Wetlands Project Brings New Life To Putnam Farm

by Ryan Bray
Drusy Henson, chair of the Orleans Conservation Commission, observes a pond at Putnam Farm that was cleared of overgrowth last week. The clearing is part of an effort to restore the pond and a neighboring shrub swamp to their natural condition.  RYAN BRAY PHOTO Drusy Henson, chair of the Orleans Conservation Commission, observes a pond at Putnam Farm that was cleared of overgrowth last week. The clearing is part of an effort to restore the pond and a neighboring shrub swamp to their natural condition. RYAN BRAY PHOTO

ORLEANS – For years, the two wetlands situated in the center of Putnam Farm were shrouded in overgrowth, so much so that they were barely recognizable, even up close.

But on Wednesday of last week, a pond sat in clear view, while work was underway nearby to clear a shrub swamp that had similarly become overgrown.

“We’re going to have to keep up with all the invasives,” said Drusy Henson, who chairs the town’s conservation commission. “We have a great head start because we just ripped them all out.”

The wetlands restoration project has been close to a year and a half in the planning, spurred on by a $15,000 donation from Orleans residents Hardie and Marcie Truesdale. The donation was used to enlist the services of Tom Biebighauser, a wetlands biologist based in Kentucky, who surveyed the wetlands in March of last year and prepared a plan for restoring the areas back to their natural condition.

The goal of the restoration effort, which Henson said altogether cost about $40,000, is to bring back native plants, pollinators and different wildlife, which can be beneficial to the community farming plots that are situated around the wetlands.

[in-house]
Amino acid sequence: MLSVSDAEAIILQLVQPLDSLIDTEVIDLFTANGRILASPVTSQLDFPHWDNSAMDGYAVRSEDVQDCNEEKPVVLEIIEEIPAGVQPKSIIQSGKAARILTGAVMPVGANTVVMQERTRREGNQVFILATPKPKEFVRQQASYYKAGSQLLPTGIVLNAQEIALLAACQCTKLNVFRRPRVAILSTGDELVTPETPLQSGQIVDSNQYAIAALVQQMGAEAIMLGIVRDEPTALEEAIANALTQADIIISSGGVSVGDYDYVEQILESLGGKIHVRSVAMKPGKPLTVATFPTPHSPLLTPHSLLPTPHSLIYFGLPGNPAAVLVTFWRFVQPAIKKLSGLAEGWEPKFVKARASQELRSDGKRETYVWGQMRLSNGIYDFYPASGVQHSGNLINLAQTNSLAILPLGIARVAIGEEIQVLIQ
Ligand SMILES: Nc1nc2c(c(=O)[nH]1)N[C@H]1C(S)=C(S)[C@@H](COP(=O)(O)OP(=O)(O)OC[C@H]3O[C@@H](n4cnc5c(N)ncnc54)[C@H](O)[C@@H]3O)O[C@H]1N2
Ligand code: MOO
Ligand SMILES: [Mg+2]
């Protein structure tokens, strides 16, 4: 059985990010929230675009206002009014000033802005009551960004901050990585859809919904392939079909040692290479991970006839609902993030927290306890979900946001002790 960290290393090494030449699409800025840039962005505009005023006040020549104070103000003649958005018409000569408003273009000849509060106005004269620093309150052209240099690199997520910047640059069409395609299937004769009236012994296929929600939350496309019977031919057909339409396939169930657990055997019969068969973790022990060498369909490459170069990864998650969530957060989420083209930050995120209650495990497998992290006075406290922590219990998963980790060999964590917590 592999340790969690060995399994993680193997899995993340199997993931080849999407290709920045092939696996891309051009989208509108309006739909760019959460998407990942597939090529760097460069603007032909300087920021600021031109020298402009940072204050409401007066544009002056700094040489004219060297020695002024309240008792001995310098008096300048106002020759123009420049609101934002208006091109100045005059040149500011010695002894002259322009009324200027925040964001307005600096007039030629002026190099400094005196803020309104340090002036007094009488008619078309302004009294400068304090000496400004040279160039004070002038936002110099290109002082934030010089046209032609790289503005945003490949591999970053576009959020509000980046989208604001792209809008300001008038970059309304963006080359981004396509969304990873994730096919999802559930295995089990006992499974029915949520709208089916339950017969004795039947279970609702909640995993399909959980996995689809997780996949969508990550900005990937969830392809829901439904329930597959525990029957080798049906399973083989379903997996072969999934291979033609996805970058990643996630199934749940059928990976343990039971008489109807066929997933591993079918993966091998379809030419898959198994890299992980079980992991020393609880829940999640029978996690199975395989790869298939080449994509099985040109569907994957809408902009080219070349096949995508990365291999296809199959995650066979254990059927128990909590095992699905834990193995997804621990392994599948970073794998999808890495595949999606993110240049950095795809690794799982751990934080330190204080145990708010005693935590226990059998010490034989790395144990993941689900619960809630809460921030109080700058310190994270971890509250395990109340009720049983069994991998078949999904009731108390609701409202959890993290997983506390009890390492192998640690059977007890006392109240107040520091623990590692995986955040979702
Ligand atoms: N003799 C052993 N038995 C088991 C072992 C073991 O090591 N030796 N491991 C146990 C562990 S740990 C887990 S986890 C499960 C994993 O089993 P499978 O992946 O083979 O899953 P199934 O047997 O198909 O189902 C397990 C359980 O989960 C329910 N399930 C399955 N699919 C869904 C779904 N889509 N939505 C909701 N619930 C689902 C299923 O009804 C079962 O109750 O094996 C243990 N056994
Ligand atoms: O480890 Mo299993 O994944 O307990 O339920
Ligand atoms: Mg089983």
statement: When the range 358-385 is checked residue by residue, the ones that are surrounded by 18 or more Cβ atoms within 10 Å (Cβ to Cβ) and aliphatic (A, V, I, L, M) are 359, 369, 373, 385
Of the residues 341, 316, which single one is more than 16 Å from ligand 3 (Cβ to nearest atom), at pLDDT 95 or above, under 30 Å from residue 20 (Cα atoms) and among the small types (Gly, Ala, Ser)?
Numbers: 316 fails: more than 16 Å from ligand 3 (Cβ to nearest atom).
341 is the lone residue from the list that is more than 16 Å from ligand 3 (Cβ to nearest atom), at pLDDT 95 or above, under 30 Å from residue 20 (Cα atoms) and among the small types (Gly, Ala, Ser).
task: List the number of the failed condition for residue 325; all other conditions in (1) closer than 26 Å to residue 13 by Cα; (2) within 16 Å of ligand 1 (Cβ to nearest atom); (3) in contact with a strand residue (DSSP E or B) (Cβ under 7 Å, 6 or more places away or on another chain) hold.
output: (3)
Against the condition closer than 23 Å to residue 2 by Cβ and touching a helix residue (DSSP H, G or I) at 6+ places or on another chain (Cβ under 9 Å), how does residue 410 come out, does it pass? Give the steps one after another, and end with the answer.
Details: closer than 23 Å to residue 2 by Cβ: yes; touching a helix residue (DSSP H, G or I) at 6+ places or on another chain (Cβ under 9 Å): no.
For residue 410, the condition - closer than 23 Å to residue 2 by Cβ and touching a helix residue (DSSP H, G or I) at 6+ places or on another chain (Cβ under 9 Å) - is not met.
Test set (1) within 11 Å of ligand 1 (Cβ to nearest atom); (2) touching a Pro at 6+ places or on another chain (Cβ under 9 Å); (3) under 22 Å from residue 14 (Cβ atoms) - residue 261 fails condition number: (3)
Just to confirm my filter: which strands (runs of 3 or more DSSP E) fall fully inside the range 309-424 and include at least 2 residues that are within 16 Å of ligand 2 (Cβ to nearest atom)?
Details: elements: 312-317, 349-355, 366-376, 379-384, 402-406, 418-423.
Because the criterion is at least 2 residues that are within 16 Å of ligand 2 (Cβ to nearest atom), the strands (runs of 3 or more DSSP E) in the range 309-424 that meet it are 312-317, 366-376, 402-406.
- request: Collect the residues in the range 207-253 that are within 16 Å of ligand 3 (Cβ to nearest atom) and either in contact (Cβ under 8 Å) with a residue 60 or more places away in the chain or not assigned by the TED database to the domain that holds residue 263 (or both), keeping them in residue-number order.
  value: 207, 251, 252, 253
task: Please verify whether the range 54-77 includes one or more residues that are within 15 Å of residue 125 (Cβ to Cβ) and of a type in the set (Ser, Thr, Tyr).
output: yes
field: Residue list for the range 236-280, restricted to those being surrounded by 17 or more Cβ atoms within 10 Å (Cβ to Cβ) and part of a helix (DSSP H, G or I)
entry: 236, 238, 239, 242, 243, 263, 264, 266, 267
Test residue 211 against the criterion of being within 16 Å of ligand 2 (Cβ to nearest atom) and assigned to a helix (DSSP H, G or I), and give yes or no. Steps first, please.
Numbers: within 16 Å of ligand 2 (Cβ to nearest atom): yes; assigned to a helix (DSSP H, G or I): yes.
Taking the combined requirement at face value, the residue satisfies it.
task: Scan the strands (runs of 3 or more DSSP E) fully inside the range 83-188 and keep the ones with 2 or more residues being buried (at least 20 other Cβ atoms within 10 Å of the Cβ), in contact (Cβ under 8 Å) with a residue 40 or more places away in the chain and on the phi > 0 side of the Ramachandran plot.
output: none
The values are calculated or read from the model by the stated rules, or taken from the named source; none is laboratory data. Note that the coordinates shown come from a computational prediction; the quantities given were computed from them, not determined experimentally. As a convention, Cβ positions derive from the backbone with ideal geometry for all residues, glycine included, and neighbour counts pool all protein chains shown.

“Over the years, we’ll get to see all the new critters that come and all the new plants that thrive,” Henson said. “Hopefully all the pollinators will really help out all the growers. That’s the thing. It’s really synergistic with all the growers around us.”

Biebighauser and Ian Ives, director of Mass Audubon’s Long Pasture Wildlife Sanctuary in Barnstable, have together developed 16 wetland projects on the Cape, most of which Ives said are smaller projects that serve as “living labs” for school age children.

At a time where more and more wetlands nationally are being drained and filled in, Biebighauser said the Putnam project is evidence of what can be done when a community decides to take action to improve its natural resources.

“Most of the wetlands that are being built nowadays are being built because people have to build them,” he said. “Somebody fills in a wetland and then the government says ‘You need to replace it.’ We’re building these wetlands because we want to help the environment.”

In particular, Ives said the Putnam project is unique in that it involves the restoration of sandplain grassland, which he said is one of the rarest habitats in New England.

“They used to be here in large numbers when we were farming, but now that the farming is over it’s all grown in,” he said. “There are 20 plant species alone that are endangered that call their home sandplain grassland.”